Tuesday, July 08, 2008

Choices by Kate Buckley

Book Review by Zinta Aistars

· Reading level: Young Adult
· Paperback: 170 pages
· Publisher: iUniverse, Inc., 2006)
· Price: $13.95
· ISBN-10: 0595409261
· ISBN-13: 978-0595409266

In this novel for young adults—with something valuable to say to older adults, as well—Kate Buckley has had the courage to take on subject matter few will touch. As evidence: after a long search for a traditional publisher, Buckley had to self-publish for her story to see print. While none of the traditional publishers denied the quality and value of Buckley’s writing, all were squeamish at backing up a topic that continues to ignite a furor among those who are pro-life and those who defend a woman’s right to make choices about her pregnancy. Only after Buckley’s book saw quick success and critical acclaim (Kirkus, Ms. Magazine, and others) did traditional publishers consider her work, and Choices may yet see the imprint of one of these on its title page in a second printing.

The author comes to her writing with substantial experience. A Santa Fe, New Mexico resident, Buckley holds a master’s in human development with a concentration in women’s studies. She has facilitated support groups for girls in California and New Mexico. An activist for women’s rights, she has worked as a teen advocate in the Los Angeles Commission on Assaults Against Women’s Teen Abuse Prevention Project and has trained for the LA Commission’s Rape Crisis Hot Line team. Buckley has administered a three-year, science based drug and alcohol abuse prevention program in public middle schools of Santa Fe, New Mexico.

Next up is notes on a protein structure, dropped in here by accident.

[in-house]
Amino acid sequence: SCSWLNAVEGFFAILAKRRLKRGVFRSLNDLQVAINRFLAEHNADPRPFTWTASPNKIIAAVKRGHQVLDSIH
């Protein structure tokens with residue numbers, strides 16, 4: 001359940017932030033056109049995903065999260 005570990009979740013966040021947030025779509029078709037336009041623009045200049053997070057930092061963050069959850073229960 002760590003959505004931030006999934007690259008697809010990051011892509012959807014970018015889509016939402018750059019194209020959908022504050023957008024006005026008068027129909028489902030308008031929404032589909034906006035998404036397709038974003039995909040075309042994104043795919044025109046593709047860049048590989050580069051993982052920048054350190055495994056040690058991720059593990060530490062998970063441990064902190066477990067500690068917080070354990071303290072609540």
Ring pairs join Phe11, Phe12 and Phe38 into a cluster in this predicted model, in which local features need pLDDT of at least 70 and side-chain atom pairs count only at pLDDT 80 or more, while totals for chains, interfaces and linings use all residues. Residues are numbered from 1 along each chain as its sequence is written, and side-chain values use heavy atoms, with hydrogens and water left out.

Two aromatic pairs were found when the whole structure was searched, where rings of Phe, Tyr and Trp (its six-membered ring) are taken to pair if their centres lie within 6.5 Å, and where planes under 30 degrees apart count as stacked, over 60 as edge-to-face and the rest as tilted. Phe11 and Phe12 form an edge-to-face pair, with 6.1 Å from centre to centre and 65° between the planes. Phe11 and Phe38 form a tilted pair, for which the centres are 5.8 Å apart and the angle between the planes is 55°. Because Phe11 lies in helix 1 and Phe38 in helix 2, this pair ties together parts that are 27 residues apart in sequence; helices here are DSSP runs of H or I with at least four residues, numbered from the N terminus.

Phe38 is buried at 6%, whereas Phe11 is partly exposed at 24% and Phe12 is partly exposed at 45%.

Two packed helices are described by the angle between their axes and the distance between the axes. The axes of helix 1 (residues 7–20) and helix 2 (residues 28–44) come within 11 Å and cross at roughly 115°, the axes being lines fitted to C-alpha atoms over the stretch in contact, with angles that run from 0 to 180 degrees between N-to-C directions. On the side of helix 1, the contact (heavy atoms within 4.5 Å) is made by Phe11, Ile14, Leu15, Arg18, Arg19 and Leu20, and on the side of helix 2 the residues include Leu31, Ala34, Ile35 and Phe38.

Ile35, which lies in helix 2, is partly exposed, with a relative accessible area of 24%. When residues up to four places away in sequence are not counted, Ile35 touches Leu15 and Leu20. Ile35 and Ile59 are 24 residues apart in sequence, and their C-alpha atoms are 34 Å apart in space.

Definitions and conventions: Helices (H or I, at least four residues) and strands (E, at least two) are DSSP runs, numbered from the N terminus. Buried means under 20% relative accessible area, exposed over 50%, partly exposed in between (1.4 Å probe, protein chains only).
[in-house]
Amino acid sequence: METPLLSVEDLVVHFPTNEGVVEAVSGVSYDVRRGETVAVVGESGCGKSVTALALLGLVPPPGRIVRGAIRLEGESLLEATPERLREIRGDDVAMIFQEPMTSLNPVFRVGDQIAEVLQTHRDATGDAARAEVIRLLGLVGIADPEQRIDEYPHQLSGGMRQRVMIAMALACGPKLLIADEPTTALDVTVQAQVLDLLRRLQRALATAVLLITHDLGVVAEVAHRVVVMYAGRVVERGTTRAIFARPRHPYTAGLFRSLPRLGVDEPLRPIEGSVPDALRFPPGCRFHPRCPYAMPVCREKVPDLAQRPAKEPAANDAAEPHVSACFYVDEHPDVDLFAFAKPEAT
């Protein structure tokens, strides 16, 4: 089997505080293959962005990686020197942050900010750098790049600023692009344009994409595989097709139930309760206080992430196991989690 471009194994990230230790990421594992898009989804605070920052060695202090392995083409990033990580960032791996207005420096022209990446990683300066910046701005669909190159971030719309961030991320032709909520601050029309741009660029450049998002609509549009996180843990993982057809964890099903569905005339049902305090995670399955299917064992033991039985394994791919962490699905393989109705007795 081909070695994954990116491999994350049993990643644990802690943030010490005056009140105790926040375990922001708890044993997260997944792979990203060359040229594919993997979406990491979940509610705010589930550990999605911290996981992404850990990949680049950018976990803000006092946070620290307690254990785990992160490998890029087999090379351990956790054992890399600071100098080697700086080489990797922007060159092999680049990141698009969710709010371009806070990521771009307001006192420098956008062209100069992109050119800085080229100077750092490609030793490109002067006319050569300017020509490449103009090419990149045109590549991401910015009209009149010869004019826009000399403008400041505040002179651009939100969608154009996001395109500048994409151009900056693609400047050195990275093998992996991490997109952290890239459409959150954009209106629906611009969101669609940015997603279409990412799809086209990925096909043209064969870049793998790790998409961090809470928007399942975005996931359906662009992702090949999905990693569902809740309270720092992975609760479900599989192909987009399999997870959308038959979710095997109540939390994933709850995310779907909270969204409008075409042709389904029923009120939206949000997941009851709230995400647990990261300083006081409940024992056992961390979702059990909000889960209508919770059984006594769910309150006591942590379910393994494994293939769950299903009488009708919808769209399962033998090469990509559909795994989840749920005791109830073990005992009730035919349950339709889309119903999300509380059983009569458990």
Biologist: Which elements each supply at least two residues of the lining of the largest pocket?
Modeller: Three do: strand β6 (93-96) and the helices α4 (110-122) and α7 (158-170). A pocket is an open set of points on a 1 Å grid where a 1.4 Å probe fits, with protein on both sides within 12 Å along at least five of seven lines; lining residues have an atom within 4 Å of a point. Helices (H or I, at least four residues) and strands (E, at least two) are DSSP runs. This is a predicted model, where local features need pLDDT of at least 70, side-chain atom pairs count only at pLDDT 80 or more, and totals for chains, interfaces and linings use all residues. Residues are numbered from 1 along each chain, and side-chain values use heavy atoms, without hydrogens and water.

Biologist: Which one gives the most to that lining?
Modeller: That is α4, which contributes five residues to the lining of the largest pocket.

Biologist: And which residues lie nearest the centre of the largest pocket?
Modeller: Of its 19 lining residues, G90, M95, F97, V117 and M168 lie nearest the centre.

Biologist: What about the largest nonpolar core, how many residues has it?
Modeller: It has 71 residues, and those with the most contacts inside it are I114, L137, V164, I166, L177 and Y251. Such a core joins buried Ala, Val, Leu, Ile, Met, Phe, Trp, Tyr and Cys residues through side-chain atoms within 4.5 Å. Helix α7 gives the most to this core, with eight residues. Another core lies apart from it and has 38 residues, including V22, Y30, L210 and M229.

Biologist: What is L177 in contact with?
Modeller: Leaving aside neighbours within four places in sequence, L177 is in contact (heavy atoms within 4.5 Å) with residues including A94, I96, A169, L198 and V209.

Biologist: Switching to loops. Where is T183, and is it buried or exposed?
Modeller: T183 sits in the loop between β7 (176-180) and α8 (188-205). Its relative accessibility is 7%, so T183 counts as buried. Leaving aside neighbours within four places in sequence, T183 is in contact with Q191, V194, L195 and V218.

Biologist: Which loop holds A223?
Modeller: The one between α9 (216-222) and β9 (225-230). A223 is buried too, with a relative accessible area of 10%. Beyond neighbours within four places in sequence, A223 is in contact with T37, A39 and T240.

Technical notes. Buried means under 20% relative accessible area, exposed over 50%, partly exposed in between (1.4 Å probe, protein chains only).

When Buckley wrote Choices, she meant it to be read and discussed not only by teen girls, but to open lines of communication between girls and their mothers, equally their fathers and brothers, even an entire community, for it takes a village to protect a young woman. Indeed, this is the line running through the novel. When 15 year old Kara MacNeill finds herself pregnant after being raped by a school jock at a party, she must confront her every fear in dealing with a moral and ethical dilemma. There is the rape itself. She must cope with the violation of body, mind and spirit that a person undergoes after a rape. To complicate matters, Kara’s mother is an impassioned pro-life activist who often has her daughter help in passing our flyers and joining in protests against abortion clinics. Surely, Kara will not find help in her dilemma at home. Time is of essence, however, as Kara searches for support in various places with varied results. The young rapist adds pressure to abort the fetus, for, as it turns out, she is not the first girl in school he has raped. The complicit and shamed silence in his female victims is something he has come to rely upon.

Choices addresses all variations and possible solutions to a problem too many adolescent girls and young women face. Is Kara in some manner responsible? Is a girl at a party who drinks too much accountable for what a boy does to her? Will a parent who has strong pro-life views feel the same way when a daughter has been raped? As simple as it can be to hold firm views when they apply to others, the insights Kara’s parents experience when the results of rape hit home are fascinating for the reader to witness.

This is a story about growing up, about being accountable and taking responsibility, about taking risks and being honest when honesty becomes a matter of life and death. This is a story about what it means to be a young not-yet-woman in a society that often puts the blame and the shame on the female (in no small part due to the views of women themselves about being “nice” and that “boys will be boys”) when sex becomes an act of force. Kudos to Buckley for speaking up.

To read an interview with Kate Buckley, visit this issue of The Smoking Poet's Feature YA Author Interview.


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